My mental war took place day one about 1/3 of the way into our swim. We started at Barnum’s pier and were halfway up Lazy bay with over a mile left to swim. I was already tired, and muscles were sore. I started convincing myself that just swimming to the island would be an accomplishment (which it would have been). But my focus started turning to being tired, how much we had left to swim (over 6.3 miles), and the time it took daily to do this.

We cleared the sandbar when a loon started calling its beautiful song and stood up on the water shaking its wings out. This carried on for 30 seconds and was enough of a distraction for me to focus on this beautiful sight then the pain I was suffering mentally and physically.

After that point I became more focused on the experience of the swim and what was around me. When I focused my mind on the speed of the clouds, ripples in the water, water bugs dancing on the surface, Lilypad flowers, and the changes in color of the shoreline the swim became enjoyable instead of difficult. Two hours and twenty minutes later our feet touched ground at the island, and we had made it!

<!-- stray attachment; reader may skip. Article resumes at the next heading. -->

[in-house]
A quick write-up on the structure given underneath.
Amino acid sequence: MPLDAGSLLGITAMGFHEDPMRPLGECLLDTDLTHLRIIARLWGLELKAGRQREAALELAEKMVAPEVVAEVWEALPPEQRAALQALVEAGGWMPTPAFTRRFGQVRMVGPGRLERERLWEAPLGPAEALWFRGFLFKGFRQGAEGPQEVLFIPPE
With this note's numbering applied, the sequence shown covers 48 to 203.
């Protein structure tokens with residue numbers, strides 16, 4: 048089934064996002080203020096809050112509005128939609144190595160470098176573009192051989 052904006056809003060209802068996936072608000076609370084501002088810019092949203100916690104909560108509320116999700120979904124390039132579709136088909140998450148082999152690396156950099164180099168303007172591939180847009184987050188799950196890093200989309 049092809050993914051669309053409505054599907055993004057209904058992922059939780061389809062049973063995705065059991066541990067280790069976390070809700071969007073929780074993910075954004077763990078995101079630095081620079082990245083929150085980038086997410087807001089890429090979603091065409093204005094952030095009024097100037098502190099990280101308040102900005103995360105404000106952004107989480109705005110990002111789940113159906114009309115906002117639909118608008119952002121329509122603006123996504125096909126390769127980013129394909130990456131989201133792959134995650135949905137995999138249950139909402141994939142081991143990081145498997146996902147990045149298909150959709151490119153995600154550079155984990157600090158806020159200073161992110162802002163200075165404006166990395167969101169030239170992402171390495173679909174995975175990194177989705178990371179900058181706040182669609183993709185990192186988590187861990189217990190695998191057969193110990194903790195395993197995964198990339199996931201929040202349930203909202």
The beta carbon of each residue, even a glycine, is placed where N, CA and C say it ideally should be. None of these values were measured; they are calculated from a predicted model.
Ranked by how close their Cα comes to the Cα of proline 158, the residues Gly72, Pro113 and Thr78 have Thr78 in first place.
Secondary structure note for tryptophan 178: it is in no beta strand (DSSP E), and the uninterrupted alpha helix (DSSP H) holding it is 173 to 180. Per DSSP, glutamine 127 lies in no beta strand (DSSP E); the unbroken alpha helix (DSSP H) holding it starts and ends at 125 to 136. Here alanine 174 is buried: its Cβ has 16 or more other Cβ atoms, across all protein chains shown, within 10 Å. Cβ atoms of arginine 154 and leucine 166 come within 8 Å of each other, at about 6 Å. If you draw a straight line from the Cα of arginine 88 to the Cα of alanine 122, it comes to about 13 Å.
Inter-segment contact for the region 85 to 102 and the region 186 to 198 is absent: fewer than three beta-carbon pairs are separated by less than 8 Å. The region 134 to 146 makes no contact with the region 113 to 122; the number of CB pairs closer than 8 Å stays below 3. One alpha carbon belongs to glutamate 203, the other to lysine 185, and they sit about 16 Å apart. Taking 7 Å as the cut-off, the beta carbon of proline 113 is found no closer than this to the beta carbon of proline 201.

Day two I was prepared for. I have never been a fan of swimming in weeds. My previous thoughts are they are slimy, they freak me out, and are plain yucky when they wrap around your leg or arm. As we started from the island I decided to head into some weeds and be uncomfortable. It did not take long for that uncomfortable to turn to mostly comfortable and day two was the most relaxing day of our swim for me.

Day three: Hump day we were committed and got to experience swimming in waves for the length of the North shore. Scott and I probably did not realize it at the time but we each did a good job leading at different times throughout our swim and keeping a pace for each other.